Non-surgical hernia – a new type of hernia support and structure

Anthony, 60, who worked as a mower, decided in March 2008 that it was time to get back in shape. He renewed his gym membership and started weighing again. Shortly after trying to put 100kg on the bench for the first time in 15 years, he developed pain in his right groin, which was diagnosed as a hernia. Anthony’s doctor has booked him for a hernia repair scheduled for September.

While waiting for the operation, Anthony consulted a homeopath and osteopath. The osteopath gave Anthony simple exercises to strengthen his transverse abdominal muscles.

Anthony stopped all other forms of movement, gave up his mowing job, and avoided stretching and lifting just over 4-6 pounds for about three months. He ordered a hernia support garment as it was a guarantee that the hernia would be preserved in all activities.

When the hernia first appeared, it happened ten times a day just because she was walking or showering. It stopped when Anthony began to wear the hernia support. He reappeared in May trying to do push-ups without wearing the hernia splint and wore it again for a few hours a day.

In June, the hernia seemed under control and Anthony was feeling confident enough to do light aerobic exercise and weights at home. He also started to work on his tractor, which brought some tension. During these activities, Anthony wore his hernia support, which gave him a sense of security and drew the most reservations from his daily activities.

By September, the hernia had improved so much that Anthony postponed the operation for three months. To check if the hernia was really gone, he performed an ultrasound. This showed that there was only a slight widening of the deep end of the inguinal canal. The doctor asked him to try as much as possible. He only forced a small amount of fat into the deep end, but no gut and there was no lead.

Roy’s story

Roy, 58, worked as a window cleaner in 2005 and was also an Ironman athlete. The Ironman Triathlon is part of a series of endurance races organized by the World Triathlon Corporation consisting of a 2.4 mile swim, a 112 mile bike ride and a 26.2 mile marathon. This grueling event requires months of intensive training and an exceptional level of fitness.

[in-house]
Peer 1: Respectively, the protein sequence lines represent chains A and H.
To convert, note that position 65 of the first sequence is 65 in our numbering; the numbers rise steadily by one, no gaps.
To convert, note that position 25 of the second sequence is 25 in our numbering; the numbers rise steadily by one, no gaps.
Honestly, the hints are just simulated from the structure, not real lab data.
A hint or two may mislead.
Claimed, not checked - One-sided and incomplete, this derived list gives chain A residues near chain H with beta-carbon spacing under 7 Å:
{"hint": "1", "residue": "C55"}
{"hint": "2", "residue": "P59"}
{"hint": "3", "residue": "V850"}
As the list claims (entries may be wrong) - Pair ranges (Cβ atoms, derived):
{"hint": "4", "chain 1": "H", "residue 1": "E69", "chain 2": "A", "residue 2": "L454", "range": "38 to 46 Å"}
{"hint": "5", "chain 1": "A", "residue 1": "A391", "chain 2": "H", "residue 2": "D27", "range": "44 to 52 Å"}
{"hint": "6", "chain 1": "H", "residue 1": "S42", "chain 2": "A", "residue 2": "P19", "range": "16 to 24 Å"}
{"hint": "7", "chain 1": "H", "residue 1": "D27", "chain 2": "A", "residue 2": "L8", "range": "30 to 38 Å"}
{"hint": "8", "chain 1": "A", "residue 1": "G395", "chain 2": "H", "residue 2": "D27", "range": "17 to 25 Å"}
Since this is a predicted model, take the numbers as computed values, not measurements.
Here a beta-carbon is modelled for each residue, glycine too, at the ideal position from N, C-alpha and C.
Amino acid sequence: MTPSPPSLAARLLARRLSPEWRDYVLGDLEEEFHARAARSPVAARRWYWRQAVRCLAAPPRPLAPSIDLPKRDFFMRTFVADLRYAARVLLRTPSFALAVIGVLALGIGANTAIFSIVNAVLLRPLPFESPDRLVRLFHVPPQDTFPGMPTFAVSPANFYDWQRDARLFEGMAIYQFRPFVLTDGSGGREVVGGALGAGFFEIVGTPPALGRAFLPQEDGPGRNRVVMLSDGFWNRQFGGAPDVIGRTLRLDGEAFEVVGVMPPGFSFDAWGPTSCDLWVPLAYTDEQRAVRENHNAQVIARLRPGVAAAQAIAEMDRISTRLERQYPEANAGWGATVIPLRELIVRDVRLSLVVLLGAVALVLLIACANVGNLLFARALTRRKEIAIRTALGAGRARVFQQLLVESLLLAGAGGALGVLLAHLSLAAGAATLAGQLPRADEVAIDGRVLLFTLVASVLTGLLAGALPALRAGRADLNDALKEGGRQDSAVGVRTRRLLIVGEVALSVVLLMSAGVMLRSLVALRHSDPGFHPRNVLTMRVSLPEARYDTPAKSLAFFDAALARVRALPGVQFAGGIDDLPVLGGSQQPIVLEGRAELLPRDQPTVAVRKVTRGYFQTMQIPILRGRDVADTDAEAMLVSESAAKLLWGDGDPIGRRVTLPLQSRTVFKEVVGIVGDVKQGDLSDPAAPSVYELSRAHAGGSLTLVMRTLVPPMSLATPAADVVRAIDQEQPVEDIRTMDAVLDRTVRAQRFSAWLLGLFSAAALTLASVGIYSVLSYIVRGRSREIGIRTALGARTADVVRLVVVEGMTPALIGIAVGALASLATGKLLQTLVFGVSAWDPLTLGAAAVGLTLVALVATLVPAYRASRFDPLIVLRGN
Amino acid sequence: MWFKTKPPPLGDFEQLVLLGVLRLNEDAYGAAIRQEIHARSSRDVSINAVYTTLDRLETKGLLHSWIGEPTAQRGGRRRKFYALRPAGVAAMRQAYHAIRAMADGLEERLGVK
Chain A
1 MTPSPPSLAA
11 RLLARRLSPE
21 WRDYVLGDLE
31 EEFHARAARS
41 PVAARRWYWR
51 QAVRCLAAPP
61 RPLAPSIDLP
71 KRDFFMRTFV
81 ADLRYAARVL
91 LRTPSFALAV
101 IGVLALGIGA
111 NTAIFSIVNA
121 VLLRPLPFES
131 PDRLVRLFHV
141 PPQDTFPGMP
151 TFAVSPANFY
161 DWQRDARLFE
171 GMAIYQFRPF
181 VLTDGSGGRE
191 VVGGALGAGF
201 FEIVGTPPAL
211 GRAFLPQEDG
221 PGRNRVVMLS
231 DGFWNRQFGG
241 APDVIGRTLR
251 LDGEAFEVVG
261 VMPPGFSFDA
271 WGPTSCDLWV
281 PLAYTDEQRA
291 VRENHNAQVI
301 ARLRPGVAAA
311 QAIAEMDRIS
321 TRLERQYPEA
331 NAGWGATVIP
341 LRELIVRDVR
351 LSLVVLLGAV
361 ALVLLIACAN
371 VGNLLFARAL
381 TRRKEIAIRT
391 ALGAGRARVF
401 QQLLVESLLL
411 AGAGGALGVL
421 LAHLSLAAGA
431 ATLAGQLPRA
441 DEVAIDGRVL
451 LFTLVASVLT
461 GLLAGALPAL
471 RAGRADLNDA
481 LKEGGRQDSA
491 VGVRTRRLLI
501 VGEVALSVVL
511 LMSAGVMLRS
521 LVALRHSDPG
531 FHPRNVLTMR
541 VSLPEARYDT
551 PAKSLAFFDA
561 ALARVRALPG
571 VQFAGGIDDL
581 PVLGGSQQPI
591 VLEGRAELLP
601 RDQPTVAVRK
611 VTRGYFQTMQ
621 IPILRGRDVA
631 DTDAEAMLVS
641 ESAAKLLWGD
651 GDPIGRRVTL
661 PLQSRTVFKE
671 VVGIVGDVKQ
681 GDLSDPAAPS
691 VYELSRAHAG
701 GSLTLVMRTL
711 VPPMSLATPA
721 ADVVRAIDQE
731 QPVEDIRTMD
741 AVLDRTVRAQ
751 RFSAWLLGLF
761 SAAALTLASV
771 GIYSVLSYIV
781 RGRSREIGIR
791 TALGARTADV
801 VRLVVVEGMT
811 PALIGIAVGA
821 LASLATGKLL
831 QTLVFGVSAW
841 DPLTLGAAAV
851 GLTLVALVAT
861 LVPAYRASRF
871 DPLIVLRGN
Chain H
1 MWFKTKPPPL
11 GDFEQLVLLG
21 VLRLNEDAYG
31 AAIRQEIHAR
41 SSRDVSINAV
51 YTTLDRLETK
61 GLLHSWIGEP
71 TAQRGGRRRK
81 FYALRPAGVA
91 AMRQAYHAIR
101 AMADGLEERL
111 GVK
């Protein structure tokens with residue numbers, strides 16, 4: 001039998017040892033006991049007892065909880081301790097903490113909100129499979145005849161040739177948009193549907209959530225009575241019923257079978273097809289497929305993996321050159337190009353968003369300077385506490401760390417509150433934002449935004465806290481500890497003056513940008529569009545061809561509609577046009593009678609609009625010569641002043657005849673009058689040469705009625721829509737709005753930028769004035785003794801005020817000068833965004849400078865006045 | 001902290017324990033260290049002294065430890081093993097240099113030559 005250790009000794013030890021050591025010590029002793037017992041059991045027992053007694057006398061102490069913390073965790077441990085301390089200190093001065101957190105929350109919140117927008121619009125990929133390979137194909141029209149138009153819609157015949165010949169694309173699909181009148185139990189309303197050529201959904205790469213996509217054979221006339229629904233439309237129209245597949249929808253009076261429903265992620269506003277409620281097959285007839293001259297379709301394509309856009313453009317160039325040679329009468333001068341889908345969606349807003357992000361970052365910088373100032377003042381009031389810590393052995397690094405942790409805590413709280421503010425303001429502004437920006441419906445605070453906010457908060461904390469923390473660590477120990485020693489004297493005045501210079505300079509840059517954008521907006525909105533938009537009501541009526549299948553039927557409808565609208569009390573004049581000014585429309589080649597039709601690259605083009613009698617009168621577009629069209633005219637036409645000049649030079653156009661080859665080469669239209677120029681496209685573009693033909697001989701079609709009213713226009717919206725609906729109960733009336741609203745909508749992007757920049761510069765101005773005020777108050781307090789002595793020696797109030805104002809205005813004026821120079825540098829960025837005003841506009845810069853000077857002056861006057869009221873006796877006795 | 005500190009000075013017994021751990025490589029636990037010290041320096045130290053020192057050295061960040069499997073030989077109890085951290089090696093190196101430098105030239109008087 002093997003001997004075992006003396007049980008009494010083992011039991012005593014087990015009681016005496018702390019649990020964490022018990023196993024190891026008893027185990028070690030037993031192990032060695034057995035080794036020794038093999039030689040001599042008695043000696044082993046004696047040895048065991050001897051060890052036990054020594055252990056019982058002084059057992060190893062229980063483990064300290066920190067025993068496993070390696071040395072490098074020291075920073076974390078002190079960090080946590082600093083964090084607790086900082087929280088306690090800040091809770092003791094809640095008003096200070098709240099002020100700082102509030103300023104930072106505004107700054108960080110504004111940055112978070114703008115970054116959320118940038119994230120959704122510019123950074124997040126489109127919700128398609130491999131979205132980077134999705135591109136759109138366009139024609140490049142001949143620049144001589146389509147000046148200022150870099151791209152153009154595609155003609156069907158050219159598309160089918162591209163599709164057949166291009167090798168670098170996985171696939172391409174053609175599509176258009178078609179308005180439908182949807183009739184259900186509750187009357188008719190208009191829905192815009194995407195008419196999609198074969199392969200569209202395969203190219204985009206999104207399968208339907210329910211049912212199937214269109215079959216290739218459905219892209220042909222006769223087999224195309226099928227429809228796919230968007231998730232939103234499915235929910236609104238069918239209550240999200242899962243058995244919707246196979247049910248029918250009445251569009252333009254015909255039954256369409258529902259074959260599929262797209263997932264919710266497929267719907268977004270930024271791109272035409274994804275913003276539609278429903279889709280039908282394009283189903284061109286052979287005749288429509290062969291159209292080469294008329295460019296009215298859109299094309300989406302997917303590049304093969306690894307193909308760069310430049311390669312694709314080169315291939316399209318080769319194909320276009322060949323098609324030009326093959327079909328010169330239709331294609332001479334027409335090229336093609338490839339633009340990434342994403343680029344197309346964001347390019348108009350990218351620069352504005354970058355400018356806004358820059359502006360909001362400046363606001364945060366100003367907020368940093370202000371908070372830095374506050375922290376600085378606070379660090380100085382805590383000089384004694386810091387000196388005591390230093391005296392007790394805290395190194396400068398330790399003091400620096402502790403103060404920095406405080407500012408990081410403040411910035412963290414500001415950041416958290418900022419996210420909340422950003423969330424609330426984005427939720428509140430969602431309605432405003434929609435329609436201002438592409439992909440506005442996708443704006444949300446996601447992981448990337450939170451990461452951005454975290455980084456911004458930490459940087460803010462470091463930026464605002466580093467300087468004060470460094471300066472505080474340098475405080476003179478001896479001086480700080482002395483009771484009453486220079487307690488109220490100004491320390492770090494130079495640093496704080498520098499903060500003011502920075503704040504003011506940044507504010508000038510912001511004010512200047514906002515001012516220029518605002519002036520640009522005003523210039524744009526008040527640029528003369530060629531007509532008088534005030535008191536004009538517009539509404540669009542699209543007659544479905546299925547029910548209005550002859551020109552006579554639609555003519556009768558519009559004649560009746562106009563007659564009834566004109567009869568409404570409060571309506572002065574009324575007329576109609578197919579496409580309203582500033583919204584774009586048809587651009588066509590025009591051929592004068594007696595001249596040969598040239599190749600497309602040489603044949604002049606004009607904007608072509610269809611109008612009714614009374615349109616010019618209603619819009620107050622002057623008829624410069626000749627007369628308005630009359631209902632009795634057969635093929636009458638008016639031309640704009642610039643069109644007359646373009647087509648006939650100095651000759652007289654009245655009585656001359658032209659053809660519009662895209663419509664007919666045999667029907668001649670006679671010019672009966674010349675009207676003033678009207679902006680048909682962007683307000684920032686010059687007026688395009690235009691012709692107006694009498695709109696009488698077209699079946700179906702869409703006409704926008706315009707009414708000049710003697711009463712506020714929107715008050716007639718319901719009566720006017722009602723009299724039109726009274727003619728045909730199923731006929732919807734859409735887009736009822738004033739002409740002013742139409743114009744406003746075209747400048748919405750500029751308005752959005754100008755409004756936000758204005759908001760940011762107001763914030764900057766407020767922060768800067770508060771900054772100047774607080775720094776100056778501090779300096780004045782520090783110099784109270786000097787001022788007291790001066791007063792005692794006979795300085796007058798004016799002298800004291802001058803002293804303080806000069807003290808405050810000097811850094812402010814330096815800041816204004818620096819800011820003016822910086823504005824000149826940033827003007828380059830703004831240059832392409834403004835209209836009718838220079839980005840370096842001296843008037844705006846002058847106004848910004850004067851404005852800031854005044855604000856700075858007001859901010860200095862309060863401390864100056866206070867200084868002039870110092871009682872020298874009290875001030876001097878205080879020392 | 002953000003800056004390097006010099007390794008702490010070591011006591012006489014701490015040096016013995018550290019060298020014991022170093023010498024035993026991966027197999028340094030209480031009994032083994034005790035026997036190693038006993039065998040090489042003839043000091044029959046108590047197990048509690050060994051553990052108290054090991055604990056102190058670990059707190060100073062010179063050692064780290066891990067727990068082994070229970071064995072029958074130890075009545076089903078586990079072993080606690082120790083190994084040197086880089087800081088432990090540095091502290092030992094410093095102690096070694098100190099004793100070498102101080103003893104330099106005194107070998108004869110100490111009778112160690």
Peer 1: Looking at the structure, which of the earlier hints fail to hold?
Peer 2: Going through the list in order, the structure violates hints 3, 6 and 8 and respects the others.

Roy had competed in ten Ironman triathlons, but unfortunately could not do so because he developed a small hernia. Roy knew two people who had had complications years after hernia surgery and decided not to.

However, in January 2006, Roy met Craig, who healed his own hernia with diet, herbs, Pilates exercises and clothing to support the hernias. Roy wondered if he could repeat Craig’s success. In mid-January, he took Craig Pilates classes and was wearing a hernia support.

Roy kept a journal to track his progress. After a month, he reported feeling fitter, healthier, and firmer in his lower abdomen and pelvic area. He decided to run the Dover Half Marathon on February 19 and finished it in 1 hour 35 minutes – his best time in several years. Roy felt so encouraged that he wanted to start training for another Ironman triathlon.

Swimming is part of the Ironman program, but Roy’s hernia has already caused discomfort while swimming – a “tight” feeling in the groin area. By the end of February, he felt secure enough that he could swim a fairly tough 2,000 meters with his hernia support. He was amazed that there hadn’t been any complaints.

In March, Roy began an intensive 16-week training plan to prepare for the Quelle Challenge triathlon, which is scheduled for July 2, 2006. He was expected to do until 3 to 8 p.m. training per week. When Roy was approaching 60 and hadn’t had an Ironman for two years, he wasn’t sure he could do this workout without making his hernia worse, but he largely forgot about it because the bulge wasn’t. not. appear longer. Of course, he continued with his Pilates exercises and wore his hernia support.

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